Broker Check

June Newsletter

May 30, 2019

Your Care-giving May be Super, But You Are Only Human

Many of us are now or will become a caregiver for a loved one.  In 2015, The National Alliance for Caregiving publicized “Caregiving in the U.S.”, which illustrated just how many of us are caring for an ill spouse or partner, a disabled child or an aging relative

  • Three percent or approximately 34.2 million adults in the United States have been or will be a caregiver to an adult age 50 or older.
  • Seven percent of caregivers in the U.S. are 75 years of age or older and may have health problems of their own.
  • Caregivers provide on average four years of care.
  • 49 percent say they feel they had no choice in taking on their caregiving role.

Have you wrestled with trying to figure out what type of help is available?  “Caregiver burnout” is a real concern and services can be difficult to locate.  Many caregivers become frustrated, angry and even ill due to the demands of this responsibility.  Perhaps some family members are a less- than-helpful part of the team or your care recipient is uncooperative or overly demanding.  The links listed below contain a surplus of information concerning where to turn:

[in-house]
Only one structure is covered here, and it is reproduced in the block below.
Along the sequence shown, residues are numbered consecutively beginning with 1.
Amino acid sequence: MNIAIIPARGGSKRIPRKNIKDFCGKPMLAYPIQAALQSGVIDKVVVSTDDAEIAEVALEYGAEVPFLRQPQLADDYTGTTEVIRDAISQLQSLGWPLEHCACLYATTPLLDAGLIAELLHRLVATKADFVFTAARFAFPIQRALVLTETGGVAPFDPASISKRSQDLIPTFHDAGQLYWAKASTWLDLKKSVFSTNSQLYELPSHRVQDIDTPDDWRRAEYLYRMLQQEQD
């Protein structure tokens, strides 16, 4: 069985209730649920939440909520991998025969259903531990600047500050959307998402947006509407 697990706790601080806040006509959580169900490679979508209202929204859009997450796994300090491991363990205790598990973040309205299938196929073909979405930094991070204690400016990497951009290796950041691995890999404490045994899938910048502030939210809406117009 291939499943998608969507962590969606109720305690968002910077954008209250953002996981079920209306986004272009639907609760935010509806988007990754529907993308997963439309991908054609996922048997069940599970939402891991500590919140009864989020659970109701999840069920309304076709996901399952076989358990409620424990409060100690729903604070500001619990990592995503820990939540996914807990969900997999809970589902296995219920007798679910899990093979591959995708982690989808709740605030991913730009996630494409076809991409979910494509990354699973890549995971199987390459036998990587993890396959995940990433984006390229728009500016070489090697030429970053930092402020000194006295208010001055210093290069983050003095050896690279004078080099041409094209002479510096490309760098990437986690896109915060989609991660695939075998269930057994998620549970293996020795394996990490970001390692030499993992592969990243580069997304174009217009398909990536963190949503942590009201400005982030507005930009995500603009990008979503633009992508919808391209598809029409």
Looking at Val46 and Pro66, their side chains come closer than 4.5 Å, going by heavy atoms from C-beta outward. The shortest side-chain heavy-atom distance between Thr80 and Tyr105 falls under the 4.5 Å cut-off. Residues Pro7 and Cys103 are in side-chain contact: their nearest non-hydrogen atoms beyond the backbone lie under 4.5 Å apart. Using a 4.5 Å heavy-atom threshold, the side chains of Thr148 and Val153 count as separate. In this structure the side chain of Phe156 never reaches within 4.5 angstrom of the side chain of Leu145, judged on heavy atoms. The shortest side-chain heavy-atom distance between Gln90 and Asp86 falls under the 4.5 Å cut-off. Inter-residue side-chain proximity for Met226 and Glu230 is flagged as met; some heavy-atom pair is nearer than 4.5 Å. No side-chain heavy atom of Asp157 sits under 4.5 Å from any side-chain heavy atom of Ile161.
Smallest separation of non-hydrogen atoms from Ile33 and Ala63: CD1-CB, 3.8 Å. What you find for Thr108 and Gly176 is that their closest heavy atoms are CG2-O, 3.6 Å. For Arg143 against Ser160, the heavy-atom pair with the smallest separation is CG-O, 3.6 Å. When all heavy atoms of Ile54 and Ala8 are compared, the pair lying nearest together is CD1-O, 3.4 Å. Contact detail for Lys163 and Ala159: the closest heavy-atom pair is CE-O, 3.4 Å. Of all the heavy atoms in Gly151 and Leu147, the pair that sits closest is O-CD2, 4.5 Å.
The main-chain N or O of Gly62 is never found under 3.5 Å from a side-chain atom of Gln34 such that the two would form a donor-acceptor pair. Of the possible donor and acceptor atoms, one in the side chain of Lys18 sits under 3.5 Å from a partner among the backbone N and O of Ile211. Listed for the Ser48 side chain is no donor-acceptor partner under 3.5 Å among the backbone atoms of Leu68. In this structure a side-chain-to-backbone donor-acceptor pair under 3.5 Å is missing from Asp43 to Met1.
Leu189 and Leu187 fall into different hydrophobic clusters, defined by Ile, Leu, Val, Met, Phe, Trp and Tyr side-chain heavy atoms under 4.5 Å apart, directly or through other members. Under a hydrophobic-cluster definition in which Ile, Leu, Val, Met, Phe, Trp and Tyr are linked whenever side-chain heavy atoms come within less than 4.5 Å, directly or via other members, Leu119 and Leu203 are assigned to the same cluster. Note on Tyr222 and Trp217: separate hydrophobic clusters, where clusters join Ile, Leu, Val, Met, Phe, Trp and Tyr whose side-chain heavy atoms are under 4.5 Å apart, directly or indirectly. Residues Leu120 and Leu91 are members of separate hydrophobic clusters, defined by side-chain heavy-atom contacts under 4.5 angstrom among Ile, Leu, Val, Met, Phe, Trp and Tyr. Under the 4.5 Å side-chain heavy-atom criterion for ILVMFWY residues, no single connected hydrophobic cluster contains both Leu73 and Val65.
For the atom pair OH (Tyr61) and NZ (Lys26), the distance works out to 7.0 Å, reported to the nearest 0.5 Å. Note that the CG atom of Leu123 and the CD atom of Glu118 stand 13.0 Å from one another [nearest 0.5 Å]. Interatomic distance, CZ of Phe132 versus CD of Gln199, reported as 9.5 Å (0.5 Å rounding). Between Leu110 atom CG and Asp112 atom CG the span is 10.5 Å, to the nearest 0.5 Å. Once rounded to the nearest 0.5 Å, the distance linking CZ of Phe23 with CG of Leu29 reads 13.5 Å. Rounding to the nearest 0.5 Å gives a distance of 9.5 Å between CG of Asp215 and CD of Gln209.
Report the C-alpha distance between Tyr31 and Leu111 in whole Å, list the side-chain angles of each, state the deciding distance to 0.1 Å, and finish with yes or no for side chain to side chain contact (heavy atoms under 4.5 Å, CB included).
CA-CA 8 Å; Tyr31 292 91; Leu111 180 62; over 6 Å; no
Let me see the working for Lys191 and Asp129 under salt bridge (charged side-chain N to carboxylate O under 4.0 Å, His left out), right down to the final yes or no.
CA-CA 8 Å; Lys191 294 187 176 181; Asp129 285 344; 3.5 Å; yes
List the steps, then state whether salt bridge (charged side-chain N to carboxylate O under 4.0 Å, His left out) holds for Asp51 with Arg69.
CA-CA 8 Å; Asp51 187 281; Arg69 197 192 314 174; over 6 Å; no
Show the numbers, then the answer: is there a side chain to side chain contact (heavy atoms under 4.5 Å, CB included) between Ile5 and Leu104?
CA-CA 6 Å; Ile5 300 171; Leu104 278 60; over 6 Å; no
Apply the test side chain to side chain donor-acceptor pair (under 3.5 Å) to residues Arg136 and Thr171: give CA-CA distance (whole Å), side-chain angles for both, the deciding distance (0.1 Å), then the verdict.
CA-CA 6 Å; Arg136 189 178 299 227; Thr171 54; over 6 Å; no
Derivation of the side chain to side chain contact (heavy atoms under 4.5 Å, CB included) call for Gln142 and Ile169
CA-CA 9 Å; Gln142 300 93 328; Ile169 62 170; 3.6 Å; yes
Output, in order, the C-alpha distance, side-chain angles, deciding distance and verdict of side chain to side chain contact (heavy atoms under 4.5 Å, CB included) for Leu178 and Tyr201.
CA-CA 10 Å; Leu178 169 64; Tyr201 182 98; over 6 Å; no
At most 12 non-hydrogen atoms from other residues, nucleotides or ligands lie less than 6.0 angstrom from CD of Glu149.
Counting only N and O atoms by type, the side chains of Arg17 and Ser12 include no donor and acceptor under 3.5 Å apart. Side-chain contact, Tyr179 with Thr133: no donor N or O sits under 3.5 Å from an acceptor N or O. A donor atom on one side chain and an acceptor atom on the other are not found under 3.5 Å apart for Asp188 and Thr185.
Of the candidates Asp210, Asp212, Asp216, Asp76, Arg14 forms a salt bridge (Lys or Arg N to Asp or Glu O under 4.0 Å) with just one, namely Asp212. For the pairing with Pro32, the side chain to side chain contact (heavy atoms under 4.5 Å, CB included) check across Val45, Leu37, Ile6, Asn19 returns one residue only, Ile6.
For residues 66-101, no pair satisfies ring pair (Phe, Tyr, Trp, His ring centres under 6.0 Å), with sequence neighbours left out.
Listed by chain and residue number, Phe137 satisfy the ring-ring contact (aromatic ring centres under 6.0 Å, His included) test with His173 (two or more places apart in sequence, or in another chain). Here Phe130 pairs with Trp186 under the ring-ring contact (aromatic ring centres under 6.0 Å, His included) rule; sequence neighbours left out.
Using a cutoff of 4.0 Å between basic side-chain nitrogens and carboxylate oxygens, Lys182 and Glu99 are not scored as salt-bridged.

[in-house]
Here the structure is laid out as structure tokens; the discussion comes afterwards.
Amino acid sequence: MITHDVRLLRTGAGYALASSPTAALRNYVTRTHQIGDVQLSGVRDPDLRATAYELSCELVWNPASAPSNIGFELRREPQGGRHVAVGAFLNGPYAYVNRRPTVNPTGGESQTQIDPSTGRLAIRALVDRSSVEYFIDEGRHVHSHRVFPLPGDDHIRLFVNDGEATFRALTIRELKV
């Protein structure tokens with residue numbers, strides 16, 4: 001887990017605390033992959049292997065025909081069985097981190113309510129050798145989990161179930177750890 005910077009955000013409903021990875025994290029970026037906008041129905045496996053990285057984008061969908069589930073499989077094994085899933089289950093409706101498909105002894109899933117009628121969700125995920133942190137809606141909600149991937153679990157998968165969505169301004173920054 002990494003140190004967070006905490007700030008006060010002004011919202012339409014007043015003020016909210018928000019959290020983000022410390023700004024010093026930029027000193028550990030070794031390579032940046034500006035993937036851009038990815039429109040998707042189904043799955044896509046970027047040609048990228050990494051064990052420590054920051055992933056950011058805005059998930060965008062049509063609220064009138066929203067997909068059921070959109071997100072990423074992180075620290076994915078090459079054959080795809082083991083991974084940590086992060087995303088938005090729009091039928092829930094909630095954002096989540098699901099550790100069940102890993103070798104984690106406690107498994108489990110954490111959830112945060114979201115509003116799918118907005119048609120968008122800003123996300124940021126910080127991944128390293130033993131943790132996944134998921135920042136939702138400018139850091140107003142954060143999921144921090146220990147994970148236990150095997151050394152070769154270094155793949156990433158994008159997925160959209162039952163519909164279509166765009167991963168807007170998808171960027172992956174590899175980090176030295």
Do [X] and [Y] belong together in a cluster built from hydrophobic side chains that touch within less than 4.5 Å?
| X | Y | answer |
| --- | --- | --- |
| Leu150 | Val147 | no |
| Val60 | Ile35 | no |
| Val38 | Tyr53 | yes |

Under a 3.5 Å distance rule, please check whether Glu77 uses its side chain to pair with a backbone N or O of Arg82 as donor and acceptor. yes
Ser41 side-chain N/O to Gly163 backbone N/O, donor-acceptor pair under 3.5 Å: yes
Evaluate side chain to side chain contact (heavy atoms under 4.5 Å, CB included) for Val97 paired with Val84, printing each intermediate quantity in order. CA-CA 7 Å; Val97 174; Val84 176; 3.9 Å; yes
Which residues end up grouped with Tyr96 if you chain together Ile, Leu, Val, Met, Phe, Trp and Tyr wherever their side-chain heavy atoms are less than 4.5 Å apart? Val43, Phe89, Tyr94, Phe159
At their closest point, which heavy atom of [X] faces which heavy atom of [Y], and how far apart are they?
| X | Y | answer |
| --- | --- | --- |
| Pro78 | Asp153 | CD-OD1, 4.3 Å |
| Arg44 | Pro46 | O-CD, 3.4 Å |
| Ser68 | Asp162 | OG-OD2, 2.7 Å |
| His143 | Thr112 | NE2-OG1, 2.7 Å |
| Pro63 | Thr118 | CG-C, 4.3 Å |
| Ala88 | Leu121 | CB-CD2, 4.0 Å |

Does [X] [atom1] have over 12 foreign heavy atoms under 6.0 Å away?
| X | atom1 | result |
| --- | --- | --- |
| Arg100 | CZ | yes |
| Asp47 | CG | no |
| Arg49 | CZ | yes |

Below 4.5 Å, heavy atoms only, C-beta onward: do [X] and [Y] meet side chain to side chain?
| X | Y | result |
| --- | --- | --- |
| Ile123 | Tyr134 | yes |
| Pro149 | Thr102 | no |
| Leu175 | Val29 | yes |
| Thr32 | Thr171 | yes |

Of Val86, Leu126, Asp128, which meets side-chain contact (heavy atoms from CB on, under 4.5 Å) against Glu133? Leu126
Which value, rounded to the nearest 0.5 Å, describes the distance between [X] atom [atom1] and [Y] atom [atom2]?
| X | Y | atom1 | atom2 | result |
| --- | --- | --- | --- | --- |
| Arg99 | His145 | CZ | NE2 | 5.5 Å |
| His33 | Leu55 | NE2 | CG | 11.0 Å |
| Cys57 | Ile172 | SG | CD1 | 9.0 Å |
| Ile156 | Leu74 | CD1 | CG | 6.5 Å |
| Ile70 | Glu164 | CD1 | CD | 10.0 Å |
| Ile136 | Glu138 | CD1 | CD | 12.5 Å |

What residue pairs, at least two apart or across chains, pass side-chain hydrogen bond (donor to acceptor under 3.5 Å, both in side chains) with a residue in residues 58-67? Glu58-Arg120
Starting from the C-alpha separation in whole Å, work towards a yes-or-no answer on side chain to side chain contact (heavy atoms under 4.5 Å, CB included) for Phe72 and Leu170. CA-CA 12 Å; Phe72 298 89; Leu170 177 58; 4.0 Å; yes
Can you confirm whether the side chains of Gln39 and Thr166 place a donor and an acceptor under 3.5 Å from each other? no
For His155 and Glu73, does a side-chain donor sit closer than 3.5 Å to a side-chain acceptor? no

Alzheimer's Association – Extensive Information and support for people with different types of dementia. – Information on studies and clinical trials concerning Alzheimer's and related dementias.  800-272-3900 

ARCH National Respite Network and Resource Center – Programs that allow caregivers to take a break. 

Caregiver Action Network - Education for caregivers and a volunteer support network in over 40 states.

Hospice Foundation of America - Information related to hospice and end-of-life care. 800-854-3402